my friend rob often talks about using comedians for insight. and it’s their particularly warped way of looking at the world that i like, and relate to. these particular comedians are observant – they feed you back ideas about the world in a way that you never would have seen it before. but they’re also master performers – they can embody ideas, convey through mere expression, impersonate others and use their voice –  not just telling stories, but to push your way of thinking in directions you don’t want to go – in a way that is masterful.

i’ve been watching or listening to how they ‘dance’ across their images, and how much control they really do have over an audience, even when they don’t.

i’ve also taken to watching interviews with some of these actors on inside the actor’s studio and a great special produced by ricky gervais called talking funny.

and in these shows, i get to hear about the craft of comedy and comedic performance (which is heavy on the timing, but has halmarks of performing arts). these guys talk about getting out there and doing it. and paying attention to if it’s working – being honest to the bit and their life, but not ignoring that it’s covering a joke – it is artifice and experience in perfect measure (and everyone accepts the measure).

comedy is a tough gig and you suck at it for good while before you have a successful career (like art), which is about longevity and determination. these guys talk about just doing it. and continuing to aim high because they want to ‘be one of those guys’.

i enjoyed the honesty in that statement, because unlike art, it’s ok to want to be part of that crowd;
to have success and reach people and command something. and that obviously in the process of becoming one of those guys – honing their craft, they’ll be good and have something worthwhile to say and it will become honest.

*and i have to thank my friend Bonnie Davies who totally got me back into comedy by being one of those right funny bitchez, but also for giving me George Carlin to listen to during the OK Gallery performance.

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art and alienation

a couple of days ago, @ABCArts tweeted

‘street art is cool, but does it alienate some people?’.

the sentiment behind this tweet made me incredibly cross, for several reasons.

arrogance about the place of art in society.

i believe art is an incredibly important part of society – it has the capacity to revolutionise the way people see and experience the world – on an individual and collective scale. it has the ability to present a world above and outside the system of capitalism, politics, media, or the systems that produce alienation in people’s daily lives.

but there are much greater things that have a direct influence on people’s lives (and have the power to alienate them). employment, love, political freedom, community, purpose/meaning – these are loose terms for things that have an incredible sway on people’s lives. art can be part of them, but ultimately it’s not above these things.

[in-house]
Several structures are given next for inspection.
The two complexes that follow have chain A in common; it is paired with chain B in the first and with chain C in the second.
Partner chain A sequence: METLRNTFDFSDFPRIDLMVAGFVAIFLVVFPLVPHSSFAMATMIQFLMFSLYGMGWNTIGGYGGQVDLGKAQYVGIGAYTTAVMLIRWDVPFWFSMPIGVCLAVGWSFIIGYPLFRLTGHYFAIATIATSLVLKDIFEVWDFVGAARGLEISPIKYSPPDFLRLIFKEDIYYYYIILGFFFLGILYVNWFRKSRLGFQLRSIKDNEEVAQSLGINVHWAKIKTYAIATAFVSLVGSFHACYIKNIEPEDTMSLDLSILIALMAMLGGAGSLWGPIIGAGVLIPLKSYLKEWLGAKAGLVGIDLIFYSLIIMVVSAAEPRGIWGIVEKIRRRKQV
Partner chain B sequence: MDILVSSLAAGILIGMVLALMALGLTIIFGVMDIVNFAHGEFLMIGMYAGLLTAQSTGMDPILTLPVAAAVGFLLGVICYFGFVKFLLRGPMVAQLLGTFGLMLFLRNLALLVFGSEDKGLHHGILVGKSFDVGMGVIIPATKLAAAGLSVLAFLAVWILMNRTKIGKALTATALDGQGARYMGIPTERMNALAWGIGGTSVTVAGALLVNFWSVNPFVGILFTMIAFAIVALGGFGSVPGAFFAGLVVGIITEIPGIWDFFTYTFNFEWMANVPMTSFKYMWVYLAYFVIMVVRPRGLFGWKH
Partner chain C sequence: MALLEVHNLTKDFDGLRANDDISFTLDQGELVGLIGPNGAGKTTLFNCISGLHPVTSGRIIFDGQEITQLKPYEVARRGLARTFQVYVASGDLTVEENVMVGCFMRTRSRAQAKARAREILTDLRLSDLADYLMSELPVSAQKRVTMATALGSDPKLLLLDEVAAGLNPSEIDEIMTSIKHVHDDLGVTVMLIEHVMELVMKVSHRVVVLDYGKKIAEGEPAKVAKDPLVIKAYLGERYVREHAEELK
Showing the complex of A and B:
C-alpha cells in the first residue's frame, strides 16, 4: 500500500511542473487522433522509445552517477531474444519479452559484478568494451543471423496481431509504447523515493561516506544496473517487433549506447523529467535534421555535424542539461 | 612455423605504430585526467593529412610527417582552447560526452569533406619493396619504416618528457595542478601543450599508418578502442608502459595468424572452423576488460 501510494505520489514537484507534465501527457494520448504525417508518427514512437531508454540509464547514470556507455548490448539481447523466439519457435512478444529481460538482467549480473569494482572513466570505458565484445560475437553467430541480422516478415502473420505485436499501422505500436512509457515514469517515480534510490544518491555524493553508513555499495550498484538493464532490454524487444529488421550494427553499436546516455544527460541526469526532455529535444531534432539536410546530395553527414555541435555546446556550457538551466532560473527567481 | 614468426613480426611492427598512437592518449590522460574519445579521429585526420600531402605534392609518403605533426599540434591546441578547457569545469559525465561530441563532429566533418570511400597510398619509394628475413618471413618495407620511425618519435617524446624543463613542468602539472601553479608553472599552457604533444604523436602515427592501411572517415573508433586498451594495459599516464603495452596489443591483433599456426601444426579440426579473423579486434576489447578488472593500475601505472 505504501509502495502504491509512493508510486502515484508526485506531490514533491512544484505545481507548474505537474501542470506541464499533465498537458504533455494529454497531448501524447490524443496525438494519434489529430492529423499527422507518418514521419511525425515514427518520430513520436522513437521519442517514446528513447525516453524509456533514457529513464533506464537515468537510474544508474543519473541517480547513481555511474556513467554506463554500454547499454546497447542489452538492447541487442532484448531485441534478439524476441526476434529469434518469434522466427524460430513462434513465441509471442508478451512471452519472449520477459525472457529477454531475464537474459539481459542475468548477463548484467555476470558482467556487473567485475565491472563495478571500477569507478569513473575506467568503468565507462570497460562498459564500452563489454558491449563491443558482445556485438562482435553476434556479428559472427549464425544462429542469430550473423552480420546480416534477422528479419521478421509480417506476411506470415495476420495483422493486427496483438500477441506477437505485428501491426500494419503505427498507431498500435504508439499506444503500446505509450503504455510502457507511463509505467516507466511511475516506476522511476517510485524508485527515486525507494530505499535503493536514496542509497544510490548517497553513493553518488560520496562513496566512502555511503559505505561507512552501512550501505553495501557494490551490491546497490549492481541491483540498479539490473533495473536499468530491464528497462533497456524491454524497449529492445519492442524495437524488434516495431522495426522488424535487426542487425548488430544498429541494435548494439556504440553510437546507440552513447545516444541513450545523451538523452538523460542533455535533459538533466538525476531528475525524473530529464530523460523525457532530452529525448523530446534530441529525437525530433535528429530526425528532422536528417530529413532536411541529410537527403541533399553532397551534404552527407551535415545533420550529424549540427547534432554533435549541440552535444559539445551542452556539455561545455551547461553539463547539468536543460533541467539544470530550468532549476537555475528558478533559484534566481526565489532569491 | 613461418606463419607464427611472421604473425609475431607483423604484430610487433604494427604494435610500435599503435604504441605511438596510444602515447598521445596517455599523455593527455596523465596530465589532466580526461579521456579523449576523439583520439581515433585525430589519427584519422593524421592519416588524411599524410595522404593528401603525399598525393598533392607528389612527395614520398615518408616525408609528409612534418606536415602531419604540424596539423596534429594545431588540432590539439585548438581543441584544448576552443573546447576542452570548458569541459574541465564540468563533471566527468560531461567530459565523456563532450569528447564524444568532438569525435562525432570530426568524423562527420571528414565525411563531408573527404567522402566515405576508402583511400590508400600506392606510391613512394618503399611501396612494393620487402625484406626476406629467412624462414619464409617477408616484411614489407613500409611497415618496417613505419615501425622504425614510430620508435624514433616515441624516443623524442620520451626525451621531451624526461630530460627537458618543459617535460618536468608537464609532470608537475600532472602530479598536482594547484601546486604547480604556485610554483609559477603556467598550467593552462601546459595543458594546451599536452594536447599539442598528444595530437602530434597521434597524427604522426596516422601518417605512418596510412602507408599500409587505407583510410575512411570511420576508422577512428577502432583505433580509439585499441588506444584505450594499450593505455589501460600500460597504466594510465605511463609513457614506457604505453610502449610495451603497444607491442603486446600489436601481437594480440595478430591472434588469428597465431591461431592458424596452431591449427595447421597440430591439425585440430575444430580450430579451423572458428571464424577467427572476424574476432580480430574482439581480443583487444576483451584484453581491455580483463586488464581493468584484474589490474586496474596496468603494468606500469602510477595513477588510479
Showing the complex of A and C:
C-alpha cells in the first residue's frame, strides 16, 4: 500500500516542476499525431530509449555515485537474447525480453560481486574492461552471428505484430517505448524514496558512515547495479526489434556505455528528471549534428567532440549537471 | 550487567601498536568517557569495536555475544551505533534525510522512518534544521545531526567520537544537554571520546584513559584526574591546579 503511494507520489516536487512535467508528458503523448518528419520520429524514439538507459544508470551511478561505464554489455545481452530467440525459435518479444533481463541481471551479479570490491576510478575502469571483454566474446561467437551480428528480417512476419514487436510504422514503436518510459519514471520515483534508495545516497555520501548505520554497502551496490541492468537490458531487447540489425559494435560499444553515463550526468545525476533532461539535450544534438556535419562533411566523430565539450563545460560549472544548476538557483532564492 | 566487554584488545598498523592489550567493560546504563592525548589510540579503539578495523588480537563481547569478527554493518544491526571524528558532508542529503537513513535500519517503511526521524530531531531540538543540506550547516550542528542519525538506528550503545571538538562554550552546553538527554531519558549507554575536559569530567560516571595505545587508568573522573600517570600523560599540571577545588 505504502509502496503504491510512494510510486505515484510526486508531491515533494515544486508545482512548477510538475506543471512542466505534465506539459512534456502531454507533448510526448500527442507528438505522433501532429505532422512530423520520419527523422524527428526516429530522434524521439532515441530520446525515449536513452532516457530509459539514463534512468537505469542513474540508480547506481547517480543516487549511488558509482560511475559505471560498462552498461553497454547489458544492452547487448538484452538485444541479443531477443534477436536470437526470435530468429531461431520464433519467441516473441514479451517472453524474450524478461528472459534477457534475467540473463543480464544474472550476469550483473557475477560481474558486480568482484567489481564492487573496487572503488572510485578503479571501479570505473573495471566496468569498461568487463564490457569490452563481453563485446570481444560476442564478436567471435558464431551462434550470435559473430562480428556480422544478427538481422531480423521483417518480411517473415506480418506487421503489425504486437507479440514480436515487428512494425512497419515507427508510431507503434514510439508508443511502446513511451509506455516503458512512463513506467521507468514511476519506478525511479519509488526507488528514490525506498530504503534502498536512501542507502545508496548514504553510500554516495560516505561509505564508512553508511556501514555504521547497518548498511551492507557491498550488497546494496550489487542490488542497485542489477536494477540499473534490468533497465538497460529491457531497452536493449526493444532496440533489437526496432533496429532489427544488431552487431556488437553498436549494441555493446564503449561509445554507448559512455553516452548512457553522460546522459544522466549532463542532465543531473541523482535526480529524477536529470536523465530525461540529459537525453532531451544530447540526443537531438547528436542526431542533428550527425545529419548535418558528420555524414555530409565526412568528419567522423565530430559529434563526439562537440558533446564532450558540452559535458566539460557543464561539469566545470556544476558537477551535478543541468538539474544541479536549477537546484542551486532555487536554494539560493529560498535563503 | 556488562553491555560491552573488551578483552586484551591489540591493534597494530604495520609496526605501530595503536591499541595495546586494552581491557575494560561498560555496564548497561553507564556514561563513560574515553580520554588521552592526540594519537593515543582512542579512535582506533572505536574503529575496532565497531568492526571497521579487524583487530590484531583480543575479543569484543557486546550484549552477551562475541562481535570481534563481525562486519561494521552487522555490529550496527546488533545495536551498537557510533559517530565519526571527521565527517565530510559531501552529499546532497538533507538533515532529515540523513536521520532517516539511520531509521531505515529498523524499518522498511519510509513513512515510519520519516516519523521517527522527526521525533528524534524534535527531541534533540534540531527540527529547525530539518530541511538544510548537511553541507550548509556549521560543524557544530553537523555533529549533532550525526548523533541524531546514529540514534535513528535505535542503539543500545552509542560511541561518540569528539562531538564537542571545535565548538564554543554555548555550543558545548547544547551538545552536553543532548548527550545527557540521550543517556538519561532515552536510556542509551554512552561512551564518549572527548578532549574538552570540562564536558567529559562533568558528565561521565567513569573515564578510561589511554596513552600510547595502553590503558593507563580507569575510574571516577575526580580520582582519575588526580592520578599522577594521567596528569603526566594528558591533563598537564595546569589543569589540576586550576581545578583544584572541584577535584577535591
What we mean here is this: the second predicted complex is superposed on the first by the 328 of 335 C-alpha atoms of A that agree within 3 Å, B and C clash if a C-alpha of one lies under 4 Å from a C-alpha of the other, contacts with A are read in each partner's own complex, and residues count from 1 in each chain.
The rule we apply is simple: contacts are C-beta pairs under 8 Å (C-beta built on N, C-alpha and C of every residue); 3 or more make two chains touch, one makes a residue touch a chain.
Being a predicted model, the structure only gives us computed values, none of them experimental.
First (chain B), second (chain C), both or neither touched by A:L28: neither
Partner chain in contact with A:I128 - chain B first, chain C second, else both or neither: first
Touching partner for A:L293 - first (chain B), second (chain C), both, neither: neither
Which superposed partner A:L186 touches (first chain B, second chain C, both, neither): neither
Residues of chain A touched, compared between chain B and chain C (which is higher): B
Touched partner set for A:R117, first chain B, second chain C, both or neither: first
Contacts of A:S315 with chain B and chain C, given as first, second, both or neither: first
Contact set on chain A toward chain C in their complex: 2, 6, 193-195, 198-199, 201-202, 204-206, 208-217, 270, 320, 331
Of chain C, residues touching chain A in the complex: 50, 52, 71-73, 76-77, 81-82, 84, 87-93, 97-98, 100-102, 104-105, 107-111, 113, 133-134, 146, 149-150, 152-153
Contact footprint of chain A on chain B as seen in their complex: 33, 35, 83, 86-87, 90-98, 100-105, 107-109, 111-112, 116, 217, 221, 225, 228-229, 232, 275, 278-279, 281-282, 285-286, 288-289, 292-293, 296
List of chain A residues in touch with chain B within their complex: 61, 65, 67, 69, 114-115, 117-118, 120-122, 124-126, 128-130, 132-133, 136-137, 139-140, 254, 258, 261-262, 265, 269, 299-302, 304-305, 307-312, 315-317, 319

if someone feels disempowered, they will feel alienated by more of the world than a stupid tag on a wall. of course that will piss them off too, but it won’t be because of the tag. it will be because they don’t have a job/finances, are being beaten, feel discriminated against or don’t belong, can’t express themselves freely or are worried about their physical safety. or a host of other things.

actually the residency at Collingwood Housing Estate drove that home – autonomy, currency and agency were more important than art. art helps instigate a desire for those things and can reflect that potential, but ultimately it’s more important to have people fed and sheltered well.

the use of alienation

alienation is more than just pissing people off, not liking something, or feeling uncomfortable. it is a condition that is deep-rooted in the anti-social – not feeling part of the community or the human race as a whole. it is the lack of purpose in ones life, a disempowerment to achieve freedom or a sense of self. it’s on the scale of violence, in terms of the negative effect of a persons’ wellbeing.

i’m really doubting that street art, even if it’s not to people’s taste, really alienates people and the use of that term in the tweet feels inflammatory; superfluous, rather than a proper understanding of what alienation is and why it’s a real concern.

if ABCArts is really concerned with alienation, we should be looking at how the arts influences policy and social behaviour on a larger scale, in what ways economy and the arts are complicit, how street art influences the mental health and well-being of youth identity and community culture. etc.

i realise that i’m being slightly picky and pedantic, given the amount of shit troll tweets out there on a daily basis, but as someone who occasionally makes art in public (on the street), and who has a real interest in street art/culture, it pissed me off.

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some feedback I received about the work at performance space was that, rather than being separated from the audience by playing a character, i was inaccessible by “being elsewhere”.

even though i was very much present in the space, the act of being blindfolded and with headphones on   not only isolated me – pushing me into my own world of intense audio overload and survival, but also  isolated me to visitors and the audience. my presence was called into question.

this presence/liveness is a topic of interest for the artist laura hindmarsh and she has been focusing her mentorship with lucas ihlein on it – what is the role of presence in performance and/or live art? how does site connect with it? how can process be performed and exhibited? what is documentation? what is ‘live’? etc, etc.*

she has included me in an exhibition about presence, absence, performance and process that will be opening this week at sawtooth gallery in launceston: appearing-as process

if you’re in the ‘hood, do go. i’ve sent through an instructional piece and i’d love to hear about people’s experience of it.

*laura, boni cairncross and i also have an ongoing collaborative research lab about it, that is currently split across a stack of media, but will be collated and presented at some point.

thanks for subscribing to she sees red by lauren brown. xx